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By BLOOMBERG NEWS | November 17, 1999
SAN FRANCISCO -- Genentech Inc., the world's No. 2 biotechnology company, has offered to pay $200 million to settle claims it violated a University of California patent in developing human-growth-hormone drugs, people familiar with the matter said.The proposed settlement comes more than five months after a San Francisco jury fell one vote short of finding that Genentech infringed on UC's patent for the human-growth-hormone drug Protropin. A majority of Genentech is owned by Swiss drugmaker Roche Holding AG.If approved by UC's Board of Regents, the proposed settlement will keep Genentech out of a court battle over two of its best-selling products, the growth hormones Protropin and Nutropin.
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BUSINESS
By Bloomberg News | August 15, 2008
BETHESDA - Micromet Inc.'s experimental cancer treatment shrank tumors in people with non-Hodgkin's lymphoma in a study that might lead to a new approach in tackling malignant diseases. The medicine, called blinatumomab, caused complete or partial tumor regression in all seven patients who received the highest dosage in tests by German researchers, according to data published in Science magazine. The findings were first presented at a medical meeting in Switzerland in June. Blinatumomab is a protein that binds immune cells with cancer-fighting properties to tumor cells, releasing toxins that destroy the disease more effectively at the site.
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BUSINESS
By New York Times News Service | August 14, 2008
The biotechnology company, Genentech, as expected, turned down a buyout offer yesterday from its majority owner Roche, saying the bid of $89 a share was far too low. But in a statement, a special committee of Genentech's board said it would consider a higher offer, which some analysts took as suggesting a deal would eventually be done. The committee also approved a "broad-based" employee retention program, an indication that Genentech executives, and Roche executives as well, were worried that employees would leave amid the uncertainty of whether Genentech might lose its status as an independent company.
BUSINESS
By New York Times News Service | August 14, 2008
The biotechnology company, Genentech, as expected, turned down a buyout offer yesterday from its majority owner Roche, saying the bid of $89 a share was far too low. But in a statement, a special committee of Genentech's board said it would consider a higher offer, which some analysts took as suggesting a deal would eventually be done. The committee also approved a "broad-based" employee retention program, an indication that Genentech executives, and Roche executives as well, were worried that employees would leave amid the uncertainty of whether Genentech might lose its status as an independent company.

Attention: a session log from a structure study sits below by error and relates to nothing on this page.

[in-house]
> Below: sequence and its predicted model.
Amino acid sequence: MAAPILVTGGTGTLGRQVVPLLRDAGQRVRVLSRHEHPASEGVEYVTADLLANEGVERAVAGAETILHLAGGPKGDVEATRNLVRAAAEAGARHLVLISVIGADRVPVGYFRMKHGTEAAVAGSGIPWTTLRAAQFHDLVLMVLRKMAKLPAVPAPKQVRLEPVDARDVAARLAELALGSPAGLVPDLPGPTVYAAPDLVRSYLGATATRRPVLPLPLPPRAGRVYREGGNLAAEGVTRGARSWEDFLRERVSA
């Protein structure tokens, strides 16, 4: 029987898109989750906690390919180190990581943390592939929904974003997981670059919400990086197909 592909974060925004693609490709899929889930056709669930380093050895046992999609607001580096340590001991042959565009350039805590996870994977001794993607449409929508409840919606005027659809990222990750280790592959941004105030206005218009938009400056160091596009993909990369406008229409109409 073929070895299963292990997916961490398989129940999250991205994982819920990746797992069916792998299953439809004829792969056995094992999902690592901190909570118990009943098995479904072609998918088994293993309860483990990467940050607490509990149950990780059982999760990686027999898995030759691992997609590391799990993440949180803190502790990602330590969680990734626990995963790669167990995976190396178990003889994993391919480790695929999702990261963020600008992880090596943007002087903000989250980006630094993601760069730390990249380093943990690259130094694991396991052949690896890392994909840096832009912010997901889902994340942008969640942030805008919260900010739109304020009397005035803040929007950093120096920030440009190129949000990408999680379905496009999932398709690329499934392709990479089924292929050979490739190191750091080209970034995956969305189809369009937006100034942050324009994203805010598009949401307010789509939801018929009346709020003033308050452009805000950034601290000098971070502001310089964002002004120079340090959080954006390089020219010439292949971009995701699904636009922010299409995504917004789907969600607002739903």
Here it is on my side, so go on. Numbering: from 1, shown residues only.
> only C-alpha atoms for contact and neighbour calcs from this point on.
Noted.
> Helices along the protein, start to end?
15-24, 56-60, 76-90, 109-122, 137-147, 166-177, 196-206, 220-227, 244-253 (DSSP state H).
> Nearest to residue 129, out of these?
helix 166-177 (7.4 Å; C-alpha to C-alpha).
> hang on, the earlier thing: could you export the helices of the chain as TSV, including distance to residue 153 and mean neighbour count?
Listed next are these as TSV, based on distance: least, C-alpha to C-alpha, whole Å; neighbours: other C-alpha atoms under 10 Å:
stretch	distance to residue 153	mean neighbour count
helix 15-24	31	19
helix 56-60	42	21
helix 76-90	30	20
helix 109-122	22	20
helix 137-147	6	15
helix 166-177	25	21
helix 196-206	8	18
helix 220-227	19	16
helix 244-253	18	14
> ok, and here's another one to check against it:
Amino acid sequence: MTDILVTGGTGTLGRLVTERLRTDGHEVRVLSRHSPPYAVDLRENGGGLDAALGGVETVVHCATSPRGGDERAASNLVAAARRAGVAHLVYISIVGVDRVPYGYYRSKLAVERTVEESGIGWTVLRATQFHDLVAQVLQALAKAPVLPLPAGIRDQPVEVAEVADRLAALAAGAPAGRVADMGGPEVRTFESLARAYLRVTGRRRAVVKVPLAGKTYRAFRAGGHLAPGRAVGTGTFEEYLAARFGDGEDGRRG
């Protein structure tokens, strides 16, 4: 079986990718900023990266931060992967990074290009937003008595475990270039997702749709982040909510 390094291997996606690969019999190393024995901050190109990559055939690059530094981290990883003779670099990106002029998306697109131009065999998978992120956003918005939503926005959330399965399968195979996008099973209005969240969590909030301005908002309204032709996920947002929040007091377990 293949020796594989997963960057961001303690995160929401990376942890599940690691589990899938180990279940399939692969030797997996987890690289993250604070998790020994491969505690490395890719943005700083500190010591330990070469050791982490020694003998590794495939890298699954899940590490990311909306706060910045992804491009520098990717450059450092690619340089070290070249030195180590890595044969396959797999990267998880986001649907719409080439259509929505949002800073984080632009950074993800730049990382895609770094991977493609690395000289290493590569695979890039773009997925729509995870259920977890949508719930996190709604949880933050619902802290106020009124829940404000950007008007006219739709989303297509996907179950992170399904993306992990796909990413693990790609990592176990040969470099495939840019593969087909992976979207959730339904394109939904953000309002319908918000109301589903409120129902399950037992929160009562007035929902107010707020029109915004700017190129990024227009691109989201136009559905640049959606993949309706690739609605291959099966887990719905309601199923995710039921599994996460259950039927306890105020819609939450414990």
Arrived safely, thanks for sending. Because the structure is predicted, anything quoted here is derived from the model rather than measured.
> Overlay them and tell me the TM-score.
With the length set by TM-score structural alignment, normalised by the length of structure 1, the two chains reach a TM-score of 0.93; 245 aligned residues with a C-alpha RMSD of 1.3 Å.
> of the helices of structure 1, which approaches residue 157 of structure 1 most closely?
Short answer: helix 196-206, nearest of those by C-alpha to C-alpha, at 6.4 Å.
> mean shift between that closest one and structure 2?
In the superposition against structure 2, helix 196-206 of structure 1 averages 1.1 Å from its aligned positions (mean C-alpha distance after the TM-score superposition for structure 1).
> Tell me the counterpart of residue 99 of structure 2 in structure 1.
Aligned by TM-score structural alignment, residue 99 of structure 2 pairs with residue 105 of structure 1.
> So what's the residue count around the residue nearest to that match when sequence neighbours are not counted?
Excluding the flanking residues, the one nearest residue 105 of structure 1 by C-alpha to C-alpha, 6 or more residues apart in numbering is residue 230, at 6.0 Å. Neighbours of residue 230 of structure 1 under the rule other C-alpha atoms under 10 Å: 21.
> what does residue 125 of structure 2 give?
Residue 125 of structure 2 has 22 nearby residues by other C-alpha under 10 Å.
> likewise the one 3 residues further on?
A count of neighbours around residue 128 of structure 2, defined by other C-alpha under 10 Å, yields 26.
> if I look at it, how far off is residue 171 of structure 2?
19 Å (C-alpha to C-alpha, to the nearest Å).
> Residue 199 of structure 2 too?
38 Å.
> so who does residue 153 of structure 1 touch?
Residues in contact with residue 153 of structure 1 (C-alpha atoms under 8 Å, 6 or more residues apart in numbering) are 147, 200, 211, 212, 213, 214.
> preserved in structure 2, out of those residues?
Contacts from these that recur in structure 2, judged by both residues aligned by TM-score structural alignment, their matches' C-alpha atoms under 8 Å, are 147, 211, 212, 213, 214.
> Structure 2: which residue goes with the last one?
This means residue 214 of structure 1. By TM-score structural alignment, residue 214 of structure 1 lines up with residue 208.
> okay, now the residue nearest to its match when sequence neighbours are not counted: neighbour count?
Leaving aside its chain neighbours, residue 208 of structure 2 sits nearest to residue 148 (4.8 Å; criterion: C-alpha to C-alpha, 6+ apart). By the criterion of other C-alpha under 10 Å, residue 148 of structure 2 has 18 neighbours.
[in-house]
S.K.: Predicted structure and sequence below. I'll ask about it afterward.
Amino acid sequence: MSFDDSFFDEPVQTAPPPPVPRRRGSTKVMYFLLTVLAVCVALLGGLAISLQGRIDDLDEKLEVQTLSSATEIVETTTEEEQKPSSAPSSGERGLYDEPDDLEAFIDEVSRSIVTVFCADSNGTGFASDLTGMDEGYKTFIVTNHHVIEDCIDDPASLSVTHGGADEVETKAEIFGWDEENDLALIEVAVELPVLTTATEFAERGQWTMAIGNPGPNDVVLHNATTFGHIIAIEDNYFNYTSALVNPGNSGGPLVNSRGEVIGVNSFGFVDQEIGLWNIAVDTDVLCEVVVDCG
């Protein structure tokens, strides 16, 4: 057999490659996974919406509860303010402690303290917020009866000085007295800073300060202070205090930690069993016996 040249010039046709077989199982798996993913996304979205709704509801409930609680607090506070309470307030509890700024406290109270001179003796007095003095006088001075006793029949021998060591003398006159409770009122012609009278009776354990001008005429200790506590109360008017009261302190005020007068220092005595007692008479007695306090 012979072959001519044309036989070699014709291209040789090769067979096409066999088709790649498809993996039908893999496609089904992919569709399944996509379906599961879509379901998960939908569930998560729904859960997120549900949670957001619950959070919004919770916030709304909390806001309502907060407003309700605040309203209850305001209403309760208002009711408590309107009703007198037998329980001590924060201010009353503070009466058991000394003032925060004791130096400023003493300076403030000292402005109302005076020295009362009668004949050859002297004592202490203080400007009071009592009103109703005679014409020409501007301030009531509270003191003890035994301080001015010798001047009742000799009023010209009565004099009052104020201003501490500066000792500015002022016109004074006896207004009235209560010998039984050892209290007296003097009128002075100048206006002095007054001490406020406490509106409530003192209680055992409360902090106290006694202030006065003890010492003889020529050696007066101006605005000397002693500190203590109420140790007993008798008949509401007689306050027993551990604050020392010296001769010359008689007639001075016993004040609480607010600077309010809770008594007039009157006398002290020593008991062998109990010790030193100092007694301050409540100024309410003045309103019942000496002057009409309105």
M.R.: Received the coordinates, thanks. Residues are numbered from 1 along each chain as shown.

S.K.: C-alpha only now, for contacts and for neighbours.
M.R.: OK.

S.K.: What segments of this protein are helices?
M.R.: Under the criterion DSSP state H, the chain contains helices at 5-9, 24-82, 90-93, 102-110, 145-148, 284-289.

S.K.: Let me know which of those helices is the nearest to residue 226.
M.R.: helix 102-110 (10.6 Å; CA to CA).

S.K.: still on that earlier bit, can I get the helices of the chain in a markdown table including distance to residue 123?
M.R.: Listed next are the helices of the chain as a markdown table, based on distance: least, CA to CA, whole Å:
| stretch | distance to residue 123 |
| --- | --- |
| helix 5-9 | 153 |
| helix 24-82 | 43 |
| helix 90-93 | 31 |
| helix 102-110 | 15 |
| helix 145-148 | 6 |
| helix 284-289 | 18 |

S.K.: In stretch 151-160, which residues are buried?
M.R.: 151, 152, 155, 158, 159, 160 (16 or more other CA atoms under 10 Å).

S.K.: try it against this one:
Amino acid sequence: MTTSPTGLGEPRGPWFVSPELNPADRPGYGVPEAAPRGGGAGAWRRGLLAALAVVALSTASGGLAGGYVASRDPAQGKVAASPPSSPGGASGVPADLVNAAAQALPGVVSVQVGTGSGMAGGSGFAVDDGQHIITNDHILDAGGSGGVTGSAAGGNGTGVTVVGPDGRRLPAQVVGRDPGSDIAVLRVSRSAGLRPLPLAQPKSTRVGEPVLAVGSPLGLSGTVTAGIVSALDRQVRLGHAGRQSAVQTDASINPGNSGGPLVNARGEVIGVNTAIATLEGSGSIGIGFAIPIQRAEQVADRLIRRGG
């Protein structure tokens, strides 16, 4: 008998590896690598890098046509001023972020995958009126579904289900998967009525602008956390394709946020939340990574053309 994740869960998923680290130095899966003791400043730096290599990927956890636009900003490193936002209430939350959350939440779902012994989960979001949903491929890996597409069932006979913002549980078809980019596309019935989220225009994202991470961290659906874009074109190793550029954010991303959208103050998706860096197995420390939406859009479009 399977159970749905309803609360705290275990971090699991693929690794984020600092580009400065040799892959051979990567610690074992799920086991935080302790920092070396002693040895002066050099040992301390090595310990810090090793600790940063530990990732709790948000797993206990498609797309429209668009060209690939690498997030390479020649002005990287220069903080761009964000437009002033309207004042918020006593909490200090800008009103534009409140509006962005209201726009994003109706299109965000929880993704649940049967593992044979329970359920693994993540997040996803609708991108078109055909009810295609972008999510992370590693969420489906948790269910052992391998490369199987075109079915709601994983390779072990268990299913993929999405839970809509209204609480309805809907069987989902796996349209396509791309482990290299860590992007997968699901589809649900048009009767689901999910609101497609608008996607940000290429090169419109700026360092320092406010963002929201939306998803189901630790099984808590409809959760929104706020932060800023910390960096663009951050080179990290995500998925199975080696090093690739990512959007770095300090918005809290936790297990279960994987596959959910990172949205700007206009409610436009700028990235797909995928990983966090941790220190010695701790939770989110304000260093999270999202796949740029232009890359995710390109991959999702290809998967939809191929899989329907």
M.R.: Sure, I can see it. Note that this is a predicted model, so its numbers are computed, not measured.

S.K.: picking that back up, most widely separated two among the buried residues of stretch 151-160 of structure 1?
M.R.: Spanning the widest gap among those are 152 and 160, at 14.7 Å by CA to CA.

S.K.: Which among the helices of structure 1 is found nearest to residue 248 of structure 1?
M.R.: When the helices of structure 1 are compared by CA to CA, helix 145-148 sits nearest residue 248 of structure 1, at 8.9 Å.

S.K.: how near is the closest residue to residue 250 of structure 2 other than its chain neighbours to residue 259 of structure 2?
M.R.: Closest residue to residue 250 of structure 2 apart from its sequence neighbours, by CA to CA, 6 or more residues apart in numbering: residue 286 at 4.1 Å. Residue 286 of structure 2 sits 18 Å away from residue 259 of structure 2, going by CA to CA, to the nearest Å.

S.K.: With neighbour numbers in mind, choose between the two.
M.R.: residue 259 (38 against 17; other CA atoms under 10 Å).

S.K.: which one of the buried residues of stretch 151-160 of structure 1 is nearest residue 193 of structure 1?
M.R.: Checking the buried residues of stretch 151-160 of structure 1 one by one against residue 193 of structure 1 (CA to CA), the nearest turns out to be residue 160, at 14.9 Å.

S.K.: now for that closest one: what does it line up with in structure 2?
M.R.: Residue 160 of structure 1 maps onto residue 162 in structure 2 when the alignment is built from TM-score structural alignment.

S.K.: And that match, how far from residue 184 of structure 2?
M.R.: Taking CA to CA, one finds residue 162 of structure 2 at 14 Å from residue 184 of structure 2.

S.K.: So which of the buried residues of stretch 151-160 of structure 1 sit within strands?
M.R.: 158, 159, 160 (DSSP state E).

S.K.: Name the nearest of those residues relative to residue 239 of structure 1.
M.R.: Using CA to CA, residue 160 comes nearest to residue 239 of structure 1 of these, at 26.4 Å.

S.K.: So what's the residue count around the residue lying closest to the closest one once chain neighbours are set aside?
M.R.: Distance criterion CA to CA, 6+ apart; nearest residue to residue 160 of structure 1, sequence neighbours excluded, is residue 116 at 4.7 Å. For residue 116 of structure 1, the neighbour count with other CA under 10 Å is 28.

BUSINESS
By BLOOMBERG NEWS | December 27, 2000
WASHINGTON - Genentech Inc., the world's oldest biotechnology company, was cited by the Food and Drug Administration for quality-control lapses, most related to production of its Pulmozyme drug for cystic fibrosis. The FDA sent the warning letter, dated Dec. 14 and released yesterday, to Dr. Susan Hellman, Genentech's chief medical officer, based on an inspection of company facilities in South San Francisco, Calif., from Aug. 7 to Aug. 24. Genentech used expired material to manufacture Pulmozyme in January, the FDA said in the letter, and failed to obtain approval before distributing two bulk lots of Pulmozyme that had been contaminated and then refiltered.
BUSINESS
By Tricia Bishop and Tricia Bishop,Sun reporter | February 22, 2007
California's Genentech Inc. announced yesterday that a patent protecting a key drug-making process in the biotechnology industry has been rejected by the U.S. Patent and Trademark Office, opening the door for dozens of companies - including Gaithersburg-based MedImmune Inc. - to use the technology without having to pay millions in royalties. MedImmune has long claimed the patent, known as the Cabilly II, is invalid. The company sued Genentech in a case that wound its way up to the U.S. Supreme Court, which ruled last month that the lawsuit could proceed in lower courts after having been rejected earlier.
BUSINESS
By BLOOMBERG NEWS | December 27, 2003
LOS ANGELES - MedImmune Inc. can't pursue antitrust claims in its suit to invalidate a patent controlled by Genentech Inc., the second-largest biotechnology company, for the method to create drugs using antibody molecules to fight diseases. Genentech and Britain's Celltech Group reached a confidential agreement in 2001 to end a dispute over whose scientists first created the method of manufacturing combined human and nonhuman genes. MedImmune sued this year, claiming that the companies are wrongly using the agreement to demand royalties from competitors.
BUSINESS
By TRICIA BISHOP and TRICIA BISHOP,SUN REPORTER | November 4, 2005
In a decision that could have far-reaching effects on the biotechnology industry and patent enforcement, a federal court has denied an appeal by MedImmune Inc. of Gaithersburg requesting that a competitor's patent be declared "invalid and unenforceable" because it allegedly violates state and national antitrust laws. MedImmune contends that a patent, known as "Cabilly II" and held by Genentech Inc. of San Francisco, was obtained through improper collusion with British biotechnology company Celltech R&D Ltd. and amounts to an illegal 11-year extension of an earlier patent.
BUSINESS
By Liz Bowie and Liz Bowie,Staff Writer | September 24, 1992
Univax Biologics Inc. of Rockville will collaborate with one o the nation's largest biotechnology companies to develop a preventive therapy for people who may have been exposed to the AIDS virus as well as for those already infected.Genentech Inc., a San Francisco company, chose Univax to develop the therapy because of the company's expertise in treatments based on antibodies.Genentech will give Univax a genetically engineered vaccine now being tested on humans. Univax will innoculate healthy, uninfected volunteers whose bodies are expected to produce antibodies to the AIDS virus.
NEWS
By NEW YORK TIMES NEWS SERVICE | February 15, 2006